In Chesterton’s Emancipation of Domesticity, he states that “there must be in every center of humanity one human being upon a larger plan; one who does not “give her best,” but gives her all.” What exactly did he mean by that, and how does it apply to our lives today?
Chesterton clearly saw the home as the institution for which all the others exist. It was not an afterthought or of less importance than the outside world, but the most important place which had the most important people in the society – the children. Children, in Chesterton’s worldview, are the future, and the education and formation of those children, the most important function of society.
Chesterton saw women as uniquely suited to the task of educating and forming children in many ways. There are obvious biological reasons women are designed to care for infants – giving birth, breastfeeding – of course. Beyond that, the capacity of woman to be broad – to be generalists, is one of the most important reasons that women are well suited to the task of this larger plan.
Men tend to be specialists – to focus on a task or individual mission – Chesterton called them “monomaniacs.” Women, on the other hand, have a capacity to be much broader. They see the large picture and can work to ensure that the needs of a whole human being are being met. In fact, she is so broad that she has the ability to tend to the needs of a whole set of human beings, the family.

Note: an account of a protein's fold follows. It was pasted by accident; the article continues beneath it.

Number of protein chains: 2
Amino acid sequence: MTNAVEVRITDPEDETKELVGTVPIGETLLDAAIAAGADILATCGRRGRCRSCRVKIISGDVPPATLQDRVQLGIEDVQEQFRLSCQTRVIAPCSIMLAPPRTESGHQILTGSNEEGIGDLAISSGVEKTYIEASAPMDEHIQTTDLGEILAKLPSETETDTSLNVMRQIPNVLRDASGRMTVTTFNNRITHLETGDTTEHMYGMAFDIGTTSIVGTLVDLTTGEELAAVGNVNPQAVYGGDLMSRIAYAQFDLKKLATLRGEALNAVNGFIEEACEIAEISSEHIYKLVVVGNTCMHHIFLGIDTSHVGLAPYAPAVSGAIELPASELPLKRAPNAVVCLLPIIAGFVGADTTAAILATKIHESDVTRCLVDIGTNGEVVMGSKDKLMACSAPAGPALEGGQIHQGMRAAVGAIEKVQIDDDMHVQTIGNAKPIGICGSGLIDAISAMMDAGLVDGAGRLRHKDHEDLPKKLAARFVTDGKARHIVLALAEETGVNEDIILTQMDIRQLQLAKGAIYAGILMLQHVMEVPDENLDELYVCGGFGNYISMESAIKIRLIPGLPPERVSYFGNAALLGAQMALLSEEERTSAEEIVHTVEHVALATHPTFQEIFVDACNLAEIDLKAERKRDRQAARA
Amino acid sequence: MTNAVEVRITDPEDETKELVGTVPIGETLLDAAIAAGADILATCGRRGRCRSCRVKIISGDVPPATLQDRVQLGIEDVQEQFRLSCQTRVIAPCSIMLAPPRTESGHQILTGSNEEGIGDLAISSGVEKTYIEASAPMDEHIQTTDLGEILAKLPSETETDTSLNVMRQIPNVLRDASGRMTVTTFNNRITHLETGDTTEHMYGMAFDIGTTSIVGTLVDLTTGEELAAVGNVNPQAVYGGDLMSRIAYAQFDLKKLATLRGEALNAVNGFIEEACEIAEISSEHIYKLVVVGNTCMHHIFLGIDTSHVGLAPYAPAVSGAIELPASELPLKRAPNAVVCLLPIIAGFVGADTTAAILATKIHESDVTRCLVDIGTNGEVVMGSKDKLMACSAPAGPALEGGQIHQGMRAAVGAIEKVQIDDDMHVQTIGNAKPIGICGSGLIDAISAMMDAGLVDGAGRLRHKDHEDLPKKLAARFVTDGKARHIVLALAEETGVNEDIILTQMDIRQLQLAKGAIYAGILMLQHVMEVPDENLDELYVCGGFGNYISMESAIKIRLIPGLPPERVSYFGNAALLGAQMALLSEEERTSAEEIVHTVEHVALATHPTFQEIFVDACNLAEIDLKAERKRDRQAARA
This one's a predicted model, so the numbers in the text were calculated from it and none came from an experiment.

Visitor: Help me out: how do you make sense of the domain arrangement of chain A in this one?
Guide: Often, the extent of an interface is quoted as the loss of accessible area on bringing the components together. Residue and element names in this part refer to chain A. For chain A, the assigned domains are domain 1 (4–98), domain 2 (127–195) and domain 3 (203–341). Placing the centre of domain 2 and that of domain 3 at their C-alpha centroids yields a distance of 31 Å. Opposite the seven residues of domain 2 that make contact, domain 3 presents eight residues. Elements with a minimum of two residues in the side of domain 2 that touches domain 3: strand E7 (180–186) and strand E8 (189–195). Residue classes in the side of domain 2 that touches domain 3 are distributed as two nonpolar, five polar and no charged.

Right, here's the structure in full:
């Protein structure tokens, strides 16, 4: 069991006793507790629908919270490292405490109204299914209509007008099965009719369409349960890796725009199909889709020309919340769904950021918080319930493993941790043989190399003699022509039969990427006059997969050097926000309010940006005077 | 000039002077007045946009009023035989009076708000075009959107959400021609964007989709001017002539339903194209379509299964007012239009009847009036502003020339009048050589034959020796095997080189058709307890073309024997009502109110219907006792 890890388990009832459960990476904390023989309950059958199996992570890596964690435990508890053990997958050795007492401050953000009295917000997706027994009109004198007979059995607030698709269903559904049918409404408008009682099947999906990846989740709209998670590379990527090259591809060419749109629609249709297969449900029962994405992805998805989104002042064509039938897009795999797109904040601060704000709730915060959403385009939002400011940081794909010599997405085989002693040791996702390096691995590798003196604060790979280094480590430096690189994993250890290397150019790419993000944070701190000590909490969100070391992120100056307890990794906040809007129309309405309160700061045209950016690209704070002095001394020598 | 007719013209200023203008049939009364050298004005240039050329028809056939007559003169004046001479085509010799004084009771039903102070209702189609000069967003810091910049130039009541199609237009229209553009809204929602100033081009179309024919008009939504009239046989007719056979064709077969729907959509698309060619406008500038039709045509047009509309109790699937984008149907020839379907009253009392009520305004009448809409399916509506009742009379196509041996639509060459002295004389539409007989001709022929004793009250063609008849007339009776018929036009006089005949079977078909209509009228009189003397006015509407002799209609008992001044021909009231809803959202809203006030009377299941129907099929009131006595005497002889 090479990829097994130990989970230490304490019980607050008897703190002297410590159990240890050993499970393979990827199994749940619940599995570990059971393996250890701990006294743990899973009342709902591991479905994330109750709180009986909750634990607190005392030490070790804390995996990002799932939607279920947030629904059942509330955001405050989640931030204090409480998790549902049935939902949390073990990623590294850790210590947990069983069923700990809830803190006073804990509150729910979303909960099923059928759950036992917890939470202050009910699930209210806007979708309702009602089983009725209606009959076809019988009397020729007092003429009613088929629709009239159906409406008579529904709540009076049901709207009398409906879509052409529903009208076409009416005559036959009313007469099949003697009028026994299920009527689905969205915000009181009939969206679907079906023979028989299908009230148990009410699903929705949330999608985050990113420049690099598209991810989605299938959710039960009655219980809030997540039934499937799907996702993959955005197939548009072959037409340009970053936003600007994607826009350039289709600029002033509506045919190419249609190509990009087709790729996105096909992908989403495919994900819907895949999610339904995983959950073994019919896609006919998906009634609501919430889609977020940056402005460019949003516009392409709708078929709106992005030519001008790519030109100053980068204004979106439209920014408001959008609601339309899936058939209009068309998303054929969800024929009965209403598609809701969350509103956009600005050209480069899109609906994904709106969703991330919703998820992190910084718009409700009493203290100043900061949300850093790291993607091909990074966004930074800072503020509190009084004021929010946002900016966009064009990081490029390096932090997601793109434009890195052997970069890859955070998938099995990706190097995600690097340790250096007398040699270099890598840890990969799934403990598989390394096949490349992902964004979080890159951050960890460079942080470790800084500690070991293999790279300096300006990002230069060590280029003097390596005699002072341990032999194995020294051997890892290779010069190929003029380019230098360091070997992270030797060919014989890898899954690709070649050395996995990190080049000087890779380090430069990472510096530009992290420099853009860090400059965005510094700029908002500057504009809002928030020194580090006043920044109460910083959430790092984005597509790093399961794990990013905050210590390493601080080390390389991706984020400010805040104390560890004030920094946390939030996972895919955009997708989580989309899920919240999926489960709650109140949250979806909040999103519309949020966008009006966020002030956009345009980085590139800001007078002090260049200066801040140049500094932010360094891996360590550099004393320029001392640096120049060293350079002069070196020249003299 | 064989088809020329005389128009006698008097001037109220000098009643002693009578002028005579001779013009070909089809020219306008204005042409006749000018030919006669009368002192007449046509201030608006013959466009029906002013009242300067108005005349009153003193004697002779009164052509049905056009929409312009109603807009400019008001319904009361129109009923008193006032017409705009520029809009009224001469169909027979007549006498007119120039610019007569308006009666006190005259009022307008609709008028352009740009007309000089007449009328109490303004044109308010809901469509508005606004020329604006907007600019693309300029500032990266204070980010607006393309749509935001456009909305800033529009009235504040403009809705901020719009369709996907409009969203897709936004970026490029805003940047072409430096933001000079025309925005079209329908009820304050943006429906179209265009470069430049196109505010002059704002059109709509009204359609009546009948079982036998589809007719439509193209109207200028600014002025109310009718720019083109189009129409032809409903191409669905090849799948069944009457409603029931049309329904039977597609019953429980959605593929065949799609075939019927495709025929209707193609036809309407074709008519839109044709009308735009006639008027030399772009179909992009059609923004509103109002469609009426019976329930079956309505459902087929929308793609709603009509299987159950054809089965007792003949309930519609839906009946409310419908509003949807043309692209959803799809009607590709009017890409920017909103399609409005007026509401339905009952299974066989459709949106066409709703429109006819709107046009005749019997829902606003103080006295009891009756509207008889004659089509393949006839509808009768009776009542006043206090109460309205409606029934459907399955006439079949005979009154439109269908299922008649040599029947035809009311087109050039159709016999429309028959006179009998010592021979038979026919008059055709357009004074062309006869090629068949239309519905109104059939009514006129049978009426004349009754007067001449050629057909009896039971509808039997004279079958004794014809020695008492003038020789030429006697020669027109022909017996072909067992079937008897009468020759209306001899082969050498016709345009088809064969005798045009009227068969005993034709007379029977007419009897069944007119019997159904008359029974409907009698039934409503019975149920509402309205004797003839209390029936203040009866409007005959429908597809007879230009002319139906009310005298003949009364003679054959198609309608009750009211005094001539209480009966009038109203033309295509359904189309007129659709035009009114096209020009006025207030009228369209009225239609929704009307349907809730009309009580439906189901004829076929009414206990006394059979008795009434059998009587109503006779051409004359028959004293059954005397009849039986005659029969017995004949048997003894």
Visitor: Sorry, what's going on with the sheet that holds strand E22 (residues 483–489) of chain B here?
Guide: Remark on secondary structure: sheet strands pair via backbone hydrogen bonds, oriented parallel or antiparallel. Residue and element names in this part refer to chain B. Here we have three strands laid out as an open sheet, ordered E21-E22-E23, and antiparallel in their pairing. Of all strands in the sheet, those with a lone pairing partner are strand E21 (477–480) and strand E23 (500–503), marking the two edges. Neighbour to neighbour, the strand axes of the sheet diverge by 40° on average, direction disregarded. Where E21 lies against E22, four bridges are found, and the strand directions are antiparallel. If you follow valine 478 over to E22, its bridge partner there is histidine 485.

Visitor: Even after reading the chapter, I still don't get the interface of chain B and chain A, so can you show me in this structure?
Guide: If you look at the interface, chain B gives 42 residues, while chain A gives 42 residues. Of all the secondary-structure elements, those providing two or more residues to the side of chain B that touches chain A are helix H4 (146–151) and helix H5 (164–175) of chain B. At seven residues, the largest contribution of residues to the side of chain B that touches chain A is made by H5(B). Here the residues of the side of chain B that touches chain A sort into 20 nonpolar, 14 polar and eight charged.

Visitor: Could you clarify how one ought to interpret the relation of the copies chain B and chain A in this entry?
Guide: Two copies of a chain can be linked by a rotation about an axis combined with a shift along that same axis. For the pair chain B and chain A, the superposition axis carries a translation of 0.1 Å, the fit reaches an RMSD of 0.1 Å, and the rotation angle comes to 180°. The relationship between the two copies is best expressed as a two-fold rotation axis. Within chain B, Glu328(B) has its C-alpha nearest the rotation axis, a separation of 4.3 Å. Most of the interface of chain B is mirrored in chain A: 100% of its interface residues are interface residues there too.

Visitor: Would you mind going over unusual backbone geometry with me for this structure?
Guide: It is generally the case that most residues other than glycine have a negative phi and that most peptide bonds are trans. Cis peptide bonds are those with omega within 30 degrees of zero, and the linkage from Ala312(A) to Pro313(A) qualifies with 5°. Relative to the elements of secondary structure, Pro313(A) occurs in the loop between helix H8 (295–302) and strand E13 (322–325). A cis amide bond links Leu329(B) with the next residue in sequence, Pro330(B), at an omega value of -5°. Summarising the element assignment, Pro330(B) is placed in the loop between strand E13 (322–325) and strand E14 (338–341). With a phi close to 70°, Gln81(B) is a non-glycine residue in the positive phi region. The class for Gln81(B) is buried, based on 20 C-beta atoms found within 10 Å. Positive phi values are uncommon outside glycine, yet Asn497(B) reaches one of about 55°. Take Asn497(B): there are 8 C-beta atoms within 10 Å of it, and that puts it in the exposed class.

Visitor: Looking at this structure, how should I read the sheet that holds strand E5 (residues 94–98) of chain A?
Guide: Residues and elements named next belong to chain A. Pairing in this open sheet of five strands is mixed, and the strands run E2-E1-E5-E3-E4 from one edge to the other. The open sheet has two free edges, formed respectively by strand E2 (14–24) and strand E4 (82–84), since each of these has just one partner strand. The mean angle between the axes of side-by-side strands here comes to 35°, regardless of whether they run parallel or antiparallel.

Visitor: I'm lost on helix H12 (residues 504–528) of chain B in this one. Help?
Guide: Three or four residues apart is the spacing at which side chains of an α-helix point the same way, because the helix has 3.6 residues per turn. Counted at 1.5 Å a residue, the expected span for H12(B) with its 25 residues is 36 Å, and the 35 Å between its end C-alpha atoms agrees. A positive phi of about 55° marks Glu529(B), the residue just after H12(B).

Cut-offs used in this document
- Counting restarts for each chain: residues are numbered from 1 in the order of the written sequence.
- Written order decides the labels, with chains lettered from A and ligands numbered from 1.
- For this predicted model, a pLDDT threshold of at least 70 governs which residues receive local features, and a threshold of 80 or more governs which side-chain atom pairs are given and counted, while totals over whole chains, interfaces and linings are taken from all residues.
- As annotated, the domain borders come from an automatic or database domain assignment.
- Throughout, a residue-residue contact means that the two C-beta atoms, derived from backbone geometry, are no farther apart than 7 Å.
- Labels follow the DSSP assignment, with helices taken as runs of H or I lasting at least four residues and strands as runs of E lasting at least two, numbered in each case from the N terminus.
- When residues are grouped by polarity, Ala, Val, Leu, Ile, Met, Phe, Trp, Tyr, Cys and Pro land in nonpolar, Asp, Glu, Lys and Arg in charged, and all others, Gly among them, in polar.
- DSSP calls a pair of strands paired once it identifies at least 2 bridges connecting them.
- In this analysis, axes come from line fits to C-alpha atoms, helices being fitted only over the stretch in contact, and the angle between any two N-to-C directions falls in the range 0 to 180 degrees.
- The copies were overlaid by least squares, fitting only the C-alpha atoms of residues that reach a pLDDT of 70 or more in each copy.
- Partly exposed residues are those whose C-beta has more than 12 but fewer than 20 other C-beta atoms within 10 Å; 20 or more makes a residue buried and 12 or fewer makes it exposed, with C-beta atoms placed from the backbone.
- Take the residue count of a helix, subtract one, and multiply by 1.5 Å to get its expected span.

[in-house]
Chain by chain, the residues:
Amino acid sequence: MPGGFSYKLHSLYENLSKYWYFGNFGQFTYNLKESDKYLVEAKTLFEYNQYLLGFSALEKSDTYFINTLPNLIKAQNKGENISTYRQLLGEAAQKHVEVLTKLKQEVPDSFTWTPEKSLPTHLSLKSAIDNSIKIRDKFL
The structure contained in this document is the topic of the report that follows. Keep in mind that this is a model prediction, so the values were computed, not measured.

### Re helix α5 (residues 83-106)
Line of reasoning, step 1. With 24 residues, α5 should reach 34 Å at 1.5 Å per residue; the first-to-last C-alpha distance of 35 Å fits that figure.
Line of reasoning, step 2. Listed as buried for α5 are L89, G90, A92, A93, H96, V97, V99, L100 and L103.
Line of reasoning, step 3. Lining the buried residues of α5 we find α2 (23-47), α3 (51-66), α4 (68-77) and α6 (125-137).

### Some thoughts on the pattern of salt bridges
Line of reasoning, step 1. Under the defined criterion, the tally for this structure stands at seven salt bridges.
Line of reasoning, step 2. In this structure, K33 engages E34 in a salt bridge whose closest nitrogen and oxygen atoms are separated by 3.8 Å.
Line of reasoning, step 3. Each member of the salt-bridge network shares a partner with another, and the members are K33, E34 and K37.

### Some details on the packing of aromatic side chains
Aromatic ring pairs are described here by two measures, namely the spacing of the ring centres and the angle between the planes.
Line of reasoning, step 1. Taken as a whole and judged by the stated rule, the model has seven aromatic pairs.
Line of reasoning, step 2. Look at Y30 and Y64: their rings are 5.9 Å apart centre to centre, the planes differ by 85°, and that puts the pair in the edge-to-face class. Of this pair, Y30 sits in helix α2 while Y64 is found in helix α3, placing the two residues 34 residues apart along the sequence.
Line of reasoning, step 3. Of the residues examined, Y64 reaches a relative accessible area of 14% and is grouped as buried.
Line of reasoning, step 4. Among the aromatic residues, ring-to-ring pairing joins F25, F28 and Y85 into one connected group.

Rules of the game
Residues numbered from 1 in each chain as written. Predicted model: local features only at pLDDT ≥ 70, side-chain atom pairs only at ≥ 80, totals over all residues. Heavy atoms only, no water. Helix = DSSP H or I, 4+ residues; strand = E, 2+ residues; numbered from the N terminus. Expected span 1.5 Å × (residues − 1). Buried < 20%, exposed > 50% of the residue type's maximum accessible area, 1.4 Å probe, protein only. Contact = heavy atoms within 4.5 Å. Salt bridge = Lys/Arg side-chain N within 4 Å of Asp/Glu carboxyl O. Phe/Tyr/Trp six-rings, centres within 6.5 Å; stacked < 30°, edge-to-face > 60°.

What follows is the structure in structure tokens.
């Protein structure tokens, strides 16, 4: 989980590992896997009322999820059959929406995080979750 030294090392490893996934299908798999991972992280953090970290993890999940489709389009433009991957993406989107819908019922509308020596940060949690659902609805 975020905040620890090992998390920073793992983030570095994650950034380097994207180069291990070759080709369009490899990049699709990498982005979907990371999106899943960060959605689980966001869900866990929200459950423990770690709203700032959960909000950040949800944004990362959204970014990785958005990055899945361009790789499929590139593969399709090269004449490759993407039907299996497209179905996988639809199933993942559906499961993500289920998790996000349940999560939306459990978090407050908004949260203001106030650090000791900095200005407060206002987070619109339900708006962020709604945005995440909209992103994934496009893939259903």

This power of broadness is a strength when applied to the family – it is also a strength in the workplace. Chesterton, however, would argue that while a woman can be incredibly good at office work, her talents are meant for a larger purpose – that of the home and family. If this causes you some consternation, consider where you may have developed the idea that the workplace was more important than the home, and then reconsider whether you truly agree with that notion.
The idea that work in the home – unpaid work – could be more valuable than that which requires credentials and earns a paycheck is counter cultural, but is it correct? Is it possible that Chesterton was correct? That the industrial revolution has brought men and now women out of the home, leaving the domestic sphere neglected despite its supreme importance? Do we believe the home is the most important sphere any more? If so, do we act like it?
We all know the struggle that women who work outside the home have. Chesterton describes it this way: “I do not deny that women have been wronged and even tortured; but I doubt if they were ever tortured so much as they are tortured now by the absurd modern attempt to make them domestic empresses and competitive clerks at the same time.” Over a hundred years ago, Chesterton saw the struggle that modern women were facing – one that is amplified today, yet many of us cannot even see the root cause.